Crash course in snow management



I just got back from walking down my street at 7 am in the dark (Happy Winter Solstice) with bikers negotiating the snow and cars taking the onramp to the motorway near my house at 30 km/h like well-behaved cars.

So far, buses are generally not running. I’m guessing they don’t sport winter tires or radials (aka four-season tires). Putting winter tires on your car once every 10 years is not practical or good value for money in the Netherlands. Yes, they are tons of accidents, literally piling up (pardon the pun). My neighbour goes skiing every year in Austria and just switched tires because they are mandatory in winter in Germany, and has to drive through there.

Trains are running minimally, so I bet the delays are really nasty. Many taxis won’t be driving around and so people trying to get to work are going to have to come up with dog sleds or walk. Speaking of trains, while I whine about not being able to woosh to Paris at a proper speed, the famous Eurostar train that runs in the Chunnel between Britain and France has been cancelled for days now, never mind the people who were trapped in it Friday night.

And then there’s the airplanes. North American and European airports all have tons of delayed flights, as well as airports just closing shop all together like in Belgium, as seen on Dutch telly. Picture stranded passengers off to visit friends and family for Christmas, tired and sleeping on airport benches.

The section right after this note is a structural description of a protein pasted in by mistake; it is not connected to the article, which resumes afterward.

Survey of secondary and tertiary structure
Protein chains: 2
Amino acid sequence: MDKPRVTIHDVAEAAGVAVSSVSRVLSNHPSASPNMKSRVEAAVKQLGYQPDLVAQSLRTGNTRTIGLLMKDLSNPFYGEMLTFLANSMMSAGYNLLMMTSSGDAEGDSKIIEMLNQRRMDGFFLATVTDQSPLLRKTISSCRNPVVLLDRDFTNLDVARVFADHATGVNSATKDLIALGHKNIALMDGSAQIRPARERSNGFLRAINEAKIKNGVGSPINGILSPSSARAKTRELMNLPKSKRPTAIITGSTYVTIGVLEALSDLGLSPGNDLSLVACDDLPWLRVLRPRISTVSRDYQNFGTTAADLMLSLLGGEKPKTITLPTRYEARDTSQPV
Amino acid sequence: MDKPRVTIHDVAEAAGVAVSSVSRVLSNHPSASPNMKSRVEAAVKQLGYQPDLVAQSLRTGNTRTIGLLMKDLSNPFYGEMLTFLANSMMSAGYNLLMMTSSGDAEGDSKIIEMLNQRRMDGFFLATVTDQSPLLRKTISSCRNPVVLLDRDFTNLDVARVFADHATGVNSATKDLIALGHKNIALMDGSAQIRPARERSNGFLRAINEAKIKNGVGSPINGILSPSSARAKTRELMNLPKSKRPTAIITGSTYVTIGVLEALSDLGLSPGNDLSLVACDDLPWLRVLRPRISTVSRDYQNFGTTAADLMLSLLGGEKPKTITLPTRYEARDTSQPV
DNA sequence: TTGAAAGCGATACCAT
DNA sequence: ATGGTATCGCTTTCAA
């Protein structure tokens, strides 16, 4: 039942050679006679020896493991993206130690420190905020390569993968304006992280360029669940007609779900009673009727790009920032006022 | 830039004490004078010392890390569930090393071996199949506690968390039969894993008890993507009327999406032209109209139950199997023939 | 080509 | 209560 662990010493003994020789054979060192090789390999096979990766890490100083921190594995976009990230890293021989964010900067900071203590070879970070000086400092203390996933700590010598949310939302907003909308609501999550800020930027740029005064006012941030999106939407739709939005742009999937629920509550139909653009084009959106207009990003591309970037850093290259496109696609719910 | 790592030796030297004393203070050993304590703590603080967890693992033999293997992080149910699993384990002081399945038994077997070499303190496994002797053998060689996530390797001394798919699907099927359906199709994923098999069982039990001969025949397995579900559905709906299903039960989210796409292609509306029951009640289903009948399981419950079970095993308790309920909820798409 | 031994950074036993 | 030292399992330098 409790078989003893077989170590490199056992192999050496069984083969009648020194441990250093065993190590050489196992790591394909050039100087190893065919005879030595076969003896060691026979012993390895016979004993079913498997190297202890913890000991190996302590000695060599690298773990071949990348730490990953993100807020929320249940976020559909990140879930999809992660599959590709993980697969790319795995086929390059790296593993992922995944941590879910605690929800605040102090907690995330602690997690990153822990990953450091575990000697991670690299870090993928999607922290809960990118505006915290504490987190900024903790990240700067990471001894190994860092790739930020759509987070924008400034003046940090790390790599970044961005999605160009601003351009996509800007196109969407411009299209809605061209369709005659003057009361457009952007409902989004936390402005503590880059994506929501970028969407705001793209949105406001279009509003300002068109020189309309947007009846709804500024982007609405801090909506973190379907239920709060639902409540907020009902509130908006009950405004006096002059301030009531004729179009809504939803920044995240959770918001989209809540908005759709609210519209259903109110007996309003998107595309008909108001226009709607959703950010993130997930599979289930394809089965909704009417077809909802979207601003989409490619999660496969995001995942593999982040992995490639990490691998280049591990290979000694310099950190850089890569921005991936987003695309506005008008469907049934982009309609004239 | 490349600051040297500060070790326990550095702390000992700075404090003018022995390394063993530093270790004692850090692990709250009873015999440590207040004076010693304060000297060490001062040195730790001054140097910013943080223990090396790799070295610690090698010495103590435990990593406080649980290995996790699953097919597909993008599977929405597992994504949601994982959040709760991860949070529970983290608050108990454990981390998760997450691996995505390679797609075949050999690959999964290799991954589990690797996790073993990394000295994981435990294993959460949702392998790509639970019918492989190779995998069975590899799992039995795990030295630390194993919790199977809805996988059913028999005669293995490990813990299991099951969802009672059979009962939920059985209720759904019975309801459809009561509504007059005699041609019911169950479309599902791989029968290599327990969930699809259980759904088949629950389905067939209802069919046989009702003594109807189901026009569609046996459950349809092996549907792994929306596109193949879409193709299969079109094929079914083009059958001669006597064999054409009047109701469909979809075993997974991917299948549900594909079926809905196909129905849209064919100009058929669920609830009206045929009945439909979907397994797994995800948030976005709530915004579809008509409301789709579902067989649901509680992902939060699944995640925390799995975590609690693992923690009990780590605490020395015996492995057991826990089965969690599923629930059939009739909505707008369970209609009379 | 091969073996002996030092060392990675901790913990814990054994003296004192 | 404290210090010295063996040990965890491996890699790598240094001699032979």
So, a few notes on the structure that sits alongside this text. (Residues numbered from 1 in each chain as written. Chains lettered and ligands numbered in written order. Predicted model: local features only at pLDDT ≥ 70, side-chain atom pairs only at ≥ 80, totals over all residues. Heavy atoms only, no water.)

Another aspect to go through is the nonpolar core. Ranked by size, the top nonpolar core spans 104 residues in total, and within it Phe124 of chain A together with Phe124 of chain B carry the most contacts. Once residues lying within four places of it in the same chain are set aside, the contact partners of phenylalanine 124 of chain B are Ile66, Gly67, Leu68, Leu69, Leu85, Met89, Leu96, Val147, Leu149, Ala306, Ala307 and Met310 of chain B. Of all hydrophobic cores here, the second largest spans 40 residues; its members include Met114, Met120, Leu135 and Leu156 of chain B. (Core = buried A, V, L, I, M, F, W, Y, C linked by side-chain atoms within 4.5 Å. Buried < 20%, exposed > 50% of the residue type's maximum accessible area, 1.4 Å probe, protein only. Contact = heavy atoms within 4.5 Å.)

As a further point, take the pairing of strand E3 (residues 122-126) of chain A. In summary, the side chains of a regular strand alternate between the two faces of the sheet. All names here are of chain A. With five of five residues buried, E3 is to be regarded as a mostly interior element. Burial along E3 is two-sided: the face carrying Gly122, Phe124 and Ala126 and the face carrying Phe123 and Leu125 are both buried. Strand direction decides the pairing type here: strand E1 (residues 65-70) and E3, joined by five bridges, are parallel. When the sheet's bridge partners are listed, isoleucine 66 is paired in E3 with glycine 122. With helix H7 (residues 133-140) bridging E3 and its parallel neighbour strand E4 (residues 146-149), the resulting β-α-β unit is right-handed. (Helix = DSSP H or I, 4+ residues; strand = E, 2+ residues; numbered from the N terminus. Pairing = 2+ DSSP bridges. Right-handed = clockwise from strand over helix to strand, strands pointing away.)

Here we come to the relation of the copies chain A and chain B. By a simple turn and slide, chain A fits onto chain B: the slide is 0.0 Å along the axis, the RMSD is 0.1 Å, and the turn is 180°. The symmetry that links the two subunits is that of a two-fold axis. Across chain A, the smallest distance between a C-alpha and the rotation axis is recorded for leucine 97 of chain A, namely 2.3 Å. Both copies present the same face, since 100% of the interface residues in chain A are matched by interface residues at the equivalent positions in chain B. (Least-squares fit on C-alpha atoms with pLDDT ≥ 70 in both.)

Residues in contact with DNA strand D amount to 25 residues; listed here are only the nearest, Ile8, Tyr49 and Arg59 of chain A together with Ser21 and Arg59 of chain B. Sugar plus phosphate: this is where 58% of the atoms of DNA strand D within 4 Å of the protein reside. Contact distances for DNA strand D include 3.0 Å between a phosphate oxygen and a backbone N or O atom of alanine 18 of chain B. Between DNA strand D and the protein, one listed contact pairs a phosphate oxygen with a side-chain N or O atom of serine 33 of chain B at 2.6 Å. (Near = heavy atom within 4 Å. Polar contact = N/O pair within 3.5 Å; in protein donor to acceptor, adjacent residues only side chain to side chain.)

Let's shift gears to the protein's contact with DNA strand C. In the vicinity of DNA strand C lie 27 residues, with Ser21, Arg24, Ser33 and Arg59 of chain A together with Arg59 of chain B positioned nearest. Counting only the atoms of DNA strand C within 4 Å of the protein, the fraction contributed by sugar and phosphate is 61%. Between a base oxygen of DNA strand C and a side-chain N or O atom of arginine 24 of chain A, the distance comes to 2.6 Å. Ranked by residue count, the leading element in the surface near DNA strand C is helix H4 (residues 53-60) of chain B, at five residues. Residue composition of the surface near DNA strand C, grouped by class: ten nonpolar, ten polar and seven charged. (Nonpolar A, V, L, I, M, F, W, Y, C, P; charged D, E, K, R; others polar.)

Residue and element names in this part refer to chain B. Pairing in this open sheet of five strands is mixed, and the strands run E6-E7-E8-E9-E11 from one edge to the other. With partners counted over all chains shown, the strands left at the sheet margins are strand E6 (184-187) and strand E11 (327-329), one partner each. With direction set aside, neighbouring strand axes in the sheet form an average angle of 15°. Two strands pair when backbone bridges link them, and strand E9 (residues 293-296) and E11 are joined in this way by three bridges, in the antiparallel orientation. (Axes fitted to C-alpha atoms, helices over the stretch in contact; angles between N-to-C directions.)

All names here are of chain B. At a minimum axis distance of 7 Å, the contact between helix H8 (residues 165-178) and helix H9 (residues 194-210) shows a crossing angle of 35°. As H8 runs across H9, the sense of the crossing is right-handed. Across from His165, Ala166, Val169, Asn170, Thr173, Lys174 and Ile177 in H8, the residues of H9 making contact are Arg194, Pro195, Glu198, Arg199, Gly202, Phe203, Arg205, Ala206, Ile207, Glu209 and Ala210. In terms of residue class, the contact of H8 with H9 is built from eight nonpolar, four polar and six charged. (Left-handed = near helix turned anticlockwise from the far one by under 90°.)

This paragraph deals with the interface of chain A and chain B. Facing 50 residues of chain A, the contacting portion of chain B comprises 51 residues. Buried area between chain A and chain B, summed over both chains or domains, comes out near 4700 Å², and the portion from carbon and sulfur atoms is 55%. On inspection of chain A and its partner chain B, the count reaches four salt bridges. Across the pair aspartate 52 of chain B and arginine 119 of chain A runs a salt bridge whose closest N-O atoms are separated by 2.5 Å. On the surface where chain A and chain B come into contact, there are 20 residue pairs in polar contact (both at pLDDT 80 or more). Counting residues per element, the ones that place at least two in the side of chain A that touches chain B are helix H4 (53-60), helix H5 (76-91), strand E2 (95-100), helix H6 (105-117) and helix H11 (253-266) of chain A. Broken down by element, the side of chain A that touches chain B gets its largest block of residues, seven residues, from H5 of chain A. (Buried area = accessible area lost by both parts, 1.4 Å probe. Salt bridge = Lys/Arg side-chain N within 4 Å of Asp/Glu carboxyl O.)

I still don’t understand why the Netherlands can plan for terrorist attacks that will probably never happen, but plan so little when it comes to serious snow, a more realistic situation. In real Northern countries like Norway and Canada, sure we’re having problems getting around too, but if we were to shut down the country for a bit of snow at just -1 Celsius, we might as well dismantle all Scandinavian countries, Russia, Canada and the Northern United States.

Granted, de-icing planes is international and trains can’t deal with autumn leaves properly (I still don’t understand why), but winter tires on buses, cars and taxis would have avoided many problems so far, methinks.

Again, we really seem to stink at planning ahead realistically. I’m loving all this snow, but then I have a home office. This was the view outside my window yesterday. And just as I finished writing this, it started snowing again.



  1. Neil says:

    Great post today Orangemaster. We had a big snow storm on the east coast of the US Saturday overnight. Here’s a nice photo taken in the public garden in Boston yesterday. That a statute of George Washington on his horse.

  2. Orangemaster says:

    Nice! The commons; I’ve been there :) The Eastern United States got hit hard my dad in Québec told me.

  3. Eric says:

    “radials (aka four-season tires).”

    These two are unrelated. “Radial” refers to the construction of the tire, not the weather condition it’s made for.

    “trains can’t deal with autumn leaves properly (I still don’t understand why),”

    Wet leaves stick to the rails and make for slipping wheels when a train tries to accelerate or break. Slipping leads to the dreaded “square wheels” phenomenon.

    “but winter tires on buses, cars and taxis would have avoided many problems so far, methinks.”

    Taxis and lots of cars have 4-season tires, which should be sufficient for the winter conditions in the NL. As for buses, I guess that they’re on 4-seasons, too, but I can very well imagine that bus companies don’t change the tires until they’re practically slicks: bus tires are expensive…

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